It’s in her early years of marriage that Elizabeth realizes that something is amiss. She and Nate are “successful” in many of the ways that society defines this metric: they both have lucrative jobs with a promising career trajectory, they are homeowners in an area boasting endless cultural events, and they are able to partake in life’s “little luxuries” like dining out, practicing yoga in a studio, etc. And yet despite all these achievements, they feel unsettled and anxious, like they’re just going through the motions, repeating a pattern of living that isn’t bringing them fulfillment and that is instead sapping their energy and lust for life. So they hatch a plan to amp up their already-impressive savings of 40 to 50 percent and retire to a homestead in Vermont in about three years and five months. And indeed, thanks to a variety of frugal hacks, they are able to maintain an inordinately high savings rate of around 82 percent (not including 401K contributions and their mortgage principal). Their trial run with extreme frugality shows them that not only can they live on less; they can live a more abundant and meaningful life while spending less.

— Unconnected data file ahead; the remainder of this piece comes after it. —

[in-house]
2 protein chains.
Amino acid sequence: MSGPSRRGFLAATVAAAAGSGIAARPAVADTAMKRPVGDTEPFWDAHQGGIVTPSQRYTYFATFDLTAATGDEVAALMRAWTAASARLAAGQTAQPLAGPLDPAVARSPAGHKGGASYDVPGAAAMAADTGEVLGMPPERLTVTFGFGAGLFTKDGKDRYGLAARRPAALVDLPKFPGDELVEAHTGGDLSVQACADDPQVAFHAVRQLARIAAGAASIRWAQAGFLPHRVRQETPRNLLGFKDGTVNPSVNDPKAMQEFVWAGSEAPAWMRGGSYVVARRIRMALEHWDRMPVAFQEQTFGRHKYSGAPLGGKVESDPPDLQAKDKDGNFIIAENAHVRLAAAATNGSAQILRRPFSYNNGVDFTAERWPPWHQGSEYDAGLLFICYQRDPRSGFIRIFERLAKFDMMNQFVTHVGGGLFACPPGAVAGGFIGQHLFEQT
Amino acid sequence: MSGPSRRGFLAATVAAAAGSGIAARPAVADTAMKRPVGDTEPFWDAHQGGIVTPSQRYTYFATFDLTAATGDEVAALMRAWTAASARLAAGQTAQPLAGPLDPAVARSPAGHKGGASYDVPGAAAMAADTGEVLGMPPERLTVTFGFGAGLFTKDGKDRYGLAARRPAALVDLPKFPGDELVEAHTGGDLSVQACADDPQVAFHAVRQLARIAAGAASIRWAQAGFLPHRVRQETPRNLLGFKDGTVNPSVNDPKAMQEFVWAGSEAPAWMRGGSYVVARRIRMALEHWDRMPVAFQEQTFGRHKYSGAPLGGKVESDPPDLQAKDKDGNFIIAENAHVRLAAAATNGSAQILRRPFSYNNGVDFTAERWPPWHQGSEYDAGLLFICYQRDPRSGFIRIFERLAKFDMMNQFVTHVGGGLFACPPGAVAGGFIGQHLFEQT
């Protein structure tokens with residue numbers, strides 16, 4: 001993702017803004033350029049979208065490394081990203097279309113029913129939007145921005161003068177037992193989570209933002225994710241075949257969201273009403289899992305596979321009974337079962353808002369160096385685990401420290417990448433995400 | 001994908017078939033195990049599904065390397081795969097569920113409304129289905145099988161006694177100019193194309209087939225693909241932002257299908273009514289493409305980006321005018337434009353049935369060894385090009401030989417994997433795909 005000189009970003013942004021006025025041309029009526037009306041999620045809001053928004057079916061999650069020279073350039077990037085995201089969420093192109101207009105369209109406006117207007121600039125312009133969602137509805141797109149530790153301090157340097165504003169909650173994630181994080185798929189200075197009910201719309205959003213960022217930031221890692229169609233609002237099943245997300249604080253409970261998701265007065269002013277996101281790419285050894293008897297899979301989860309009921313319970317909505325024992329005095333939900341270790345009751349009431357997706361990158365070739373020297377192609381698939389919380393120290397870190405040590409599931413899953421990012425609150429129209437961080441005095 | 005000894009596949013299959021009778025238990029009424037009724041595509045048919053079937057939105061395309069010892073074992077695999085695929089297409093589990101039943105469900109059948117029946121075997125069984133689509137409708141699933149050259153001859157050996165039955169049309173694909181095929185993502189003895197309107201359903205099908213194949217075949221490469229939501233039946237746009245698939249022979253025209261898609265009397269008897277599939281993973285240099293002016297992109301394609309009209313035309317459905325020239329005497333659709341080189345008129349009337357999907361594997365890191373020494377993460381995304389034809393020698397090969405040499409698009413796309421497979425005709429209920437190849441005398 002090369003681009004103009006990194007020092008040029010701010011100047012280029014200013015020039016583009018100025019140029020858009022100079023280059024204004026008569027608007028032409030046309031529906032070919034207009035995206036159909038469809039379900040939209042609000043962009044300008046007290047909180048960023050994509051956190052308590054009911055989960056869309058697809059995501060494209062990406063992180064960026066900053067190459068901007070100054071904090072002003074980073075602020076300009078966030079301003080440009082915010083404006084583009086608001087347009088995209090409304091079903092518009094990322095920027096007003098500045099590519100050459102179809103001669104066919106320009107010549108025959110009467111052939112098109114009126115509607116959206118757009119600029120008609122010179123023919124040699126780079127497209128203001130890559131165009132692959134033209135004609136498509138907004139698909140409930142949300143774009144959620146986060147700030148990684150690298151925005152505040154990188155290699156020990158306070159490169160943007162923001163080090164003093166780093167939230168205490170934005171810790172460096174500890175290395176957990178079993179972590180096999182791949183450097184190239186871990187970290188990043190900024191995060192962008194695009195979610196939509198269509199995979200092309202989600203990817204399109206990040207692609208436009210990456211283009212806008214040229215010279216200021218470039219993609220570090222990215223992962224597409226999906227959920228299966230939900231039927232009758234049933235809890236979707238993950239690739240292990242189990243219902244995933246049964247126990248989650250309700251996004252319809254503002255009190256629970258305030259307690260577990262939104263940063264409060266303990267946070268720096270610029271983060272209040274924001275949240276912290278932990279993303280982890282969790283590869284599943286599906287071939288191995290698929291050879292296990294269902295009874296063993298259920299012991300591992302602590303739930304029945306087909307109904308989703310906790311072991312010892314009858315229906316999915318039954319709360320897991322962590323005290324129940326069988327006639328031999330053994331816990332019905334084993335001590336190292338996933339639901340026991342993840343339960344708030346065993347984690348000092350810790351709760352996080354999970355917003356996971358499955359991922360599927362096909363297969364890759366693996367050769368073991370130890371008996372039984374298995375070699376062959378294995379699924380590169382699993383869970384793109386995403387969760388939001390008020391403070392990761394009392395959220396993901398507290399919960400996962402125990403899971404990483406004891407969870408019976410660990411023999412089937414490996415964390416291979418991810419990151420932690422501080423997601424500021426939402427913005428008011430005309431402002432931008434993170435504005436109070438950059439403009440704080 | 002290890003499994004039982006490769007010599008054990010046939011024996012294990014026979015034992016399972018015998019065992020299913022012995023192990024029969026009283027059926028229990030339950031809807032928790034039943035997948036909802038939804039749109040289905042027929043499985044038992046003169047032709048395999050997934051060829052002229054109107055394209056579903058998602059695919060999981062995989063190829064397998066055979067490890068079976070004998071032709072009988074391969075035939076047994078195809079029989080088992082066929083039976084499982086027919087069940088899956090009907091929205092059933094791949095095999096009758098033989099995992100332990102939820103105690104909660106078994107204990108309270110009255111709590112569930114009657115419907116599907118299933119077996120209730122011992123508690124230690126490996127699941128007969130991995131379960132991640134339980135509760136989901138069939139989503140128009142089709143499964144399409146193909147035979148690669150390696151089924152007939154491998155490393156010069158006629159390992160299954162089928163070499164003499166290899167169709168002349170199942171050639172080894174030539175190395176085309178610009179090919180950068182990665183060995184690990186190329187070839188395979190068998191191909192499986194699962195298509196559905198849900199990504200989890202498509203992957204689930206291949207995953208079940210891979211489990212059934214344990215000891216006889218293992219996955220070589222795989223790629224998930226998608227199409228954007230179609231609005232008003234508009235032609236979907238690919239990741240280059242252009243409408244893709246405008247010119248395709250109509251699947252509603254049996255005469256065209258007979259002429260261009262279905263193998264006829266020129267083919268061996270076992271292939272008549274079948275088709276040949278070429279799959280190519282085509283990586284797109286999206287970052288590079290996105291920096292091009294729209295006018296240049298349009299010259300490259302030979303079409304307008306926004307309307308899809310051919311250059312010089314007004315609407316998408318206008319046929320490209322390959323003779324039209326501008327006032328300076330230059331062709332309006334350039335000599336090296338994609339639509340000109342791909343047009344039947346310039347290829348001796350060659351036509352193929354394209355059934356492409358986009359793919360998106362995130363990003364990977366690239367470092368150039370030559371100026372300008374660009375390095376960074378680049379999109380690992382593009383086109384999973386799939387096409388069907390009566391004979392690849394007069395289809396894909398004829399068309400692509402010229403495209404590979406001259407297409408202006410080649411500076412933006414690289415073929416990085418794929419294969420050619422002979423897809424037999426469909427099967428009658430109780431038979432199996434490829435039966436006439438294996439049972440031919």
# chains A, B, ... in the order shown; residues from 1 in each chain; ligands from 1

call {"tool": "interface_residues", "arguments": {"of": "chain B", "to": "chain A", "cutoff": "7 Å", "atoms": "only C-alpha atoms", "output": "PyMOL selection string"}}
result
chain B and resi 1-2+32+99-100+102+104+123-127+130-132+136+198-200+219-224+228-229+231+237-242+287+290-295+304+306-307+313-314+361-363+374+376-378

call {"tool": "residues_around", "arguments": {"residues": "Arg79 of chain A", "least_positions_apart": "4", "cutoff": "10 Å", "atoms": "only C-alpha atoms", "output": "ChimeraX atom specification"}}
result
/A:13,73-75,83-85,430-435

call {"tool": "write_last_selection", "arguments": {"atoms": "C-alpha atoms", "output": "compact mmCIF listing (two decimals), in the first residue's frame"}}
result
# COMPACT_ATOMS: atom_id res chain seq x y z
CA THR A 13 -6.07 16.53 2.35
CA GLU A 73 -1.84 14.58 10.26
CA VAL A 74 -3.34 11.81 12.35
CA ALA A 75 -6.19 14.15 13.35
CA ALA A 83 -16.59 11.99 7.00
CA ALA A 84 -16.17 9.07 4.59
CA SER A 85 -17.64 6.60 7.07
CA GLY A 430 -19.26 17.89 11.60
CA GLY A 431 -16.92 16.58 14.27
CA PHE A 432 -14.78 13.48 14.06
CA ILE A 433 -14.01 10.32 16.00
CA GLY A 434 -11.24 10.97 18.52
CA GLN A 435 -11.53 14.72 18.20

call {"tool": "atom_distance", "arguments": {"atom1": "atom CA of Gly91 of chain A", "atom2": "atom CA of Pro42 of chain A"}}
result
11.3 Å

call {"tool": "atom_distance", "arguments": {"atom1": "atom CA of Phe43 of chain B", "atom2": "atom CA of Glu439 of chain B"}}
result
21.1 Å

A crucial concept here that Elizabeth introduced to me was that of hedonic adaptation. Hedonic adaptation essentially means that we become accustomed to all those “little treats” we give ourselves—and need more and more treats (or larger treats) to derive the same level of (fleeting) satisfaction from them. The hallmark of modern consumer culture is the “treat yourself” mentality, but Elizabeth strikes through the heart of it by arguing that at its core is a deep-rooted fear that we won’t achieve our largest dreams and so we have to YOLO it up in the present. But because we’re busy YOLO’ing, we’re preventing ourselves from making headway on those dreams. By rejecting the incessant demands to “buy more NOW” from mainstream culture, we can learn to find satisfaction in ourselves and our relationships. It’s not a new idea, but Elizabeth’s honest narratives, imbued with her characteristic wit, make the concept both accessible and compelling. For instance, consider the following excerpt:

We’re taught we can pay for everything we need. Our very lives can be purchased, and by extension, we can buy the rights to a fragmented community of like-minded consumers. Our unifying activity as a culture is shopping, and the one thing we all are is consumers. Consumption has become our spiritual outlet, our means of building relationships, of identifying ourselves by the brands emblazoned on our clothes, cars, shoes, laptops, and it has supplanted our interpersonal dependencies. (Thames 210)